Under the 2008 rule (as with the 2007 rule), DHS can use the receipt by an employer of a no-match letter as evidence that the employer has “constructive knowledge” that the employee who is the subject of the letter is unauthorized to work. The rule includes “safe harbor” procedures that such an employer should follow in order to avoid liability under the Immigration and Nationality Act. Although the rule will cause enormous upheavals in the workplace and in the economy, it will not resolve undocumented immigration which DHS claims it is trying to address through this rule.

The public will now have 30 days to comment on the rule.

The rule is bad for the economy and will cause massive layoffs of employment-authorized workers and U.S. citizens.
The purpose of the SSA no-match letter is to help workers get credit for their earnings, which can affect their retirement, survivor, disability, or other benefits administered by SSA in the future. There are many factors that may trigger a no-match letter, including misspelled names, name changes, and database errors.

Because many employers mistakenly assume that the letter provides information about the immigration status of the individual workers named in it, they immediately fire, lay-off, or demote such workers without giving them a chance to correct discrepancies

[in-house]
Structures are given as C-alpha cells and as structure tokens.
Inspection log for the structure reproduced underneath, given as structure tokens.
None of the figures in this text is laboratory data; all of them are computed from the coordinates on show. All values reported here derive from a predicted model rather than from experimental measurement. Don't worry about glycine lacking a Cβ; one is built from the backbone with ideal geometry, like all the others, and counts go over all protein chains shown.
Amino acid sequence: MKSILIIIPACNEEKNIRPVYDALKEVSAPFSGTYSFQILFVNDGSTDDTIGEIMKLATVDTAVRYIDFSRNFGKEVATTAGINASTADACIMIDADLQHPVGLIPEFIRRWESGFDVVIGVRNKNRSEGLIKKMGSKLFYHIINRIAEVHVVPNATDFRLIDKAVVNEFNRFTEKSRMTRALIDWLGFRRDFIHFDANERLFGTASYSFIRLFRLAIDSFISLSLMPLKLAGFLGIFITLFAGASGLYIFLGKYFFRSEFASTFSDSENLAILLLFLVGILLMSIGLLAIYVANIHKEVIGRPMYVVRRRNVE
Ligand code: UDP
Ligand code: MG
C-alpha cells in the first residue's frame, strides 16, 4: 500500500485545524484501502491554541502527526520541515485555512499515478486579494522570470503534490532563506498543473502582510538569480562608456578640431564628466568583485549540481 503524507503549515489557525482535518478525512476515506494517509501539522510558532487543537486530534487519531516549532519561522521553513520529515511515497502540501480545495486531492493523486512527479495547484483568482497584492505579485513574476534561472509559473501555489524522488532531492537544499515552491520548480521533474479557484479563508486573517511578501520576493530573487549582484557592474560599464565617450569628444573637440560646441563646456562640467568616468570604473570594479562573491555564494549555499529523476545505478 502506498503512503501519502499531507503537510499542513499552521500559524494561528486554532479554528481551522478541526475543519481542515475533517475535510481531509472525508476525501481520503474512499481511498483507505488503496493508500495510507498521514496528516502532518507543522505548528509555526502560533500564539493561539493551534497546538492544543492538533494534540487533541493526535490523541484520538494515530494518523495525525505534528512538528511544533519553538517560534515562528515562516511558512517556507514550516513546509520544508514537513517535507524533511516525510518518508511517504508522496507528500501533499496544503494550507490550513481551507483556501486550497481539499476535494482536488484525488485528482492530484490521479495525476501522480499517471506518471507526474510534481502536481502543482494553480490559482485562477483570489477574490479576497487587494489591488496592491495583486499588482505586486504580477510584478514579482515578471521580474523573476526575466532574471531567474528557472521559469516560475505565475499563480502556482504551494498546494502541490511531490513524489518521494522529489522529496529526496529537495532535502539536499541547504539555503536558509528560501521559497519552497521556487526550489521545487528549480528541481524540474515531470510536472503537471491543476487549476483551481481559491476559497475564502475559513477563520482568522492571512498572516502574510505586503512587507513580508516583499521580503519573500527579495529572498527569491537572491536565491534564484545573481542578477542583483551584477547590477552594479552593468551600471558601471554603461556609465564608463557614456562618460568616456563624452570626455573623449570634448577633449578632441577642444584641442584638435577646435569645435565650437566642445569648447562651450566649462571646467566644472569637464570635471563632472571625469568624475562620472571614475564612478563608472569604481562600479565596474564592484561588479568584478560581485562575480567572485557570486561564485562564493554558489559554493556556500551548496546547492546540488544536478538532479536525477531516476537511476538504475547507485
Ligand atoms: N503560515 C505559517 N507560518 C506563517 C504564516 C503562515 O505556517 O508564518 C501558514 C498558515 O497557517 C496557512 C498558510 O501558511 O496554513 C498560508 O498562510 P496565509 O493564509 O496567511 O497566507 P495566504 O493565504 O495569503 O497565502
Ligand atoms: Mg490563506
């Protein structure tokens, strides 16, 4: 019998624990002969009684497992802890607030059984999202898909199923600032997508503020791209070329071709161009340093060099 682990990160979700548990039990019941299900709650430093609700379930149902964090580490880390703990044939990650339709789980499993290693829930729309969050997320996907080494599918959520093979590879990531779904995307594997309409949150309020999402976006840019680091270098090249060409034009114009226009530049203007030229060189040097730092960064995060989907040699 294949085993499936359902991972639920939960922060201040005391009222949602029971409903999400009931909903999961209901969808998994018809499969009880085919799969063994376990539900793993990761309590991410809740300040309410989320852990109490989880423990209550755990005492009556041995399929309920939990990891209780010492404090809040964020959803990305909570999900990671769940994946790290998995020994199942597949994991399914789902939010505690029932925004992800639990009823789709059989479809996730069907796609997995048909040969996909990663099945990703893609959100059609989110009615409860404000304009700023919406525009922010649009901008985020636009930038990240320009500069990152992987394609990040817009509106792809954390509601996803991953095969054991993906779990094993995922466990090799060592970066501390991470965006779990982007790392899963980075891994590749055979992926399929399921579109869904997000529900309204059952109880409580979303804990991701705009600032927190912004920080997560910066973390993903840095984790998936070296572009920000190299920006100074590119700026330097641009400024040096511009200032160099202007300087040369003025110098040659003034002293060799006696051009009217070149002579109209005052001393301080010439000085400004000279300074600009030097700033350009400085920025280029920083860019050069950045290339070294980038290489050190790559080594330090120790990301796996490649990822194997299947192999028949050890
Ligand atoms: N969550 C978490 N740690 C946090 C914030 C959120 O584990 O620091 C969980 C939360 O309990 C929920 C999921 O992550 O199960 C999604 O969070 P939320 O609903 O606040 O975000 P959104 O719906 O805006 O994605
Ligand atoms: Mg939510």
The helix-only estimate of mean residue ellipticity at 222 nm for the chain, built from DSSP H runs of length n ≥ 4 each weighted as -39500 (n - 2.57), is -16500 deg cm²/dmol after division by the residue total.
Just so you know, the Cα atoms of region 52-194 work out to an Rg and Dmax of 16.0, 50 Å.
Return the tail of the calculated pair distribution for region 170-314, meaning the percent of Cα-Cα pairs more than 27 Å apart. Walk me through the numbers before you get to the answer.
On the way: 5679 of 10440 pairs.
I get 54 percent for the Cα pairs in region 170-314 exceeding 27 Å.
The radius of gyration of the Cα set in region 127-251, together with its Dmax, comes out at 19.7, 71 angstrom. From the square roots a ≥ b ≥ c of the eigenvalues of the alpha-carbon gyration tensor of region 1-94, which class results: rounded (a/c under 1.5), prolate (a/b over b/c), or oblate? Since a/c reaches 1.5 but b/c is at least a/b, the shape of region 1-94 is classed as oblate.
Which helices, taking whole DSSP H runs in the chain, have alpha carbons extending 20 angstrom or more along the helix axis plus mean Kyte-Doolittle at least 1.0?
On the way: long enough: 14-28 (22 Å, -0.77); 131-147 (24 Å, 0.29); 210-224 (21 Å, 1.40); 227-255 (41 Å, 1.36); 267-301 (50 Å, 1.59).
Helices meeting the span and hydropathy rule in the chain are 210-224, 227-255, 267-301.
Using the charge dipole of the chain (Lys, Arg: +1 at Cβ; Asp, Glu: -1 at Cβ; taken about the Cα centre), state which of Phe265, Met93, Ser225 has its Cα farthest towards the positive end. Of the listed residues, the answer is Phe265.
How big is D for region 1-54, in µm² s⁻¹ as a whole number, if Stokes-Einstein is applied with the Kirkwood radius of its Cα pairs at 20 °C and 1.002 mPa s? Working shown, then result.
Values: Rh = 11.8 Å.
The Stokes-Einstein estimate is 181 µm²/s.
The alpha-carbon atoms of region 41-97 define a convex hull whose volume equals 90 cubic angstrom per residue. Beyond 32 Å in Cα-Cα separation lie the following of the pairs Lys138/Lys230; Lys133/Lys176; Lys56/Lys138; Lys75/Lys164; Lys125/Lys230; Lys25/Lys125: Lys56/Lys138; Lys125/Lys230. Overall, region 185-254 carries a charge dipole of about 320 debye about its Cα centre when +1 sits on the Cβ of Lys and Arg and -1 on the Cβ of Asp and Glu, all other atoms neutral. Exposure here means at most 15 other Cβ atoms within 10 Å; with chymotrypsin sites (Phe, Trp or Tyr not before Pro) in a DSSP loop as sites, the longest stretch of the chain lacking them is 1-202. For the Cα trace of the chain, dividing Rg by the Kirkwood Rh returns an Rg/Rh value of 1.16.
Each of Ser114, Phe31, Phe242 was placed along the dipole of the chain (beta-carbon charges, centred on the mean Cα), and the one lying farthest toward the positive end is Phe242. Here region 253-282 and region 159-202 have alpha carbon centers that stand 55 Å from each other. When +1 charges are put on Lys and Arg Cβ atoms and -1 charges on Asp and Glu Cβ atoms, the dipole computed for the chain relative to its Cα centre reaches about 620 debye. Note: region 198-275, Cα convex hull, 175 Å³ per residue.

This is a bad time to enact policies that will cause massive layoffs in industries that likely will already be suffering due to the credit crunch and economic downturn.

The new rule hurts employers who play by the rules.
Most no-match letters are sent to industries where above-board employers compete with those who operate partially or fully off the books.

Employers who follow the new rule will feel the pain financially as they may have to fire some of their best workers who they have invested and trained for years. These same employers will bear the brunt of the unfair economic advantage that unscrupulous employers will have who will simply keep undocumented workers off the books.

This result will be that more employers go underground, reducing tax receipts and compliance with other laws.

The new rule emboldens unscrupulous employers to use the no-match letter as a tool to retaliate against workers.
Some bad actor employers have used no-match letters to selectively retaliate against immigrant workers when they try to organize a union or otherwise exercise their workplace rights (file complaints for unpaid wages, workers’ compensation, sexual harassment, discrimination, etc.). These employers initially ignore SSA no-match letters and then decided to use them as a pretext to fire workers who participated in efforts to improve working conditions and wages.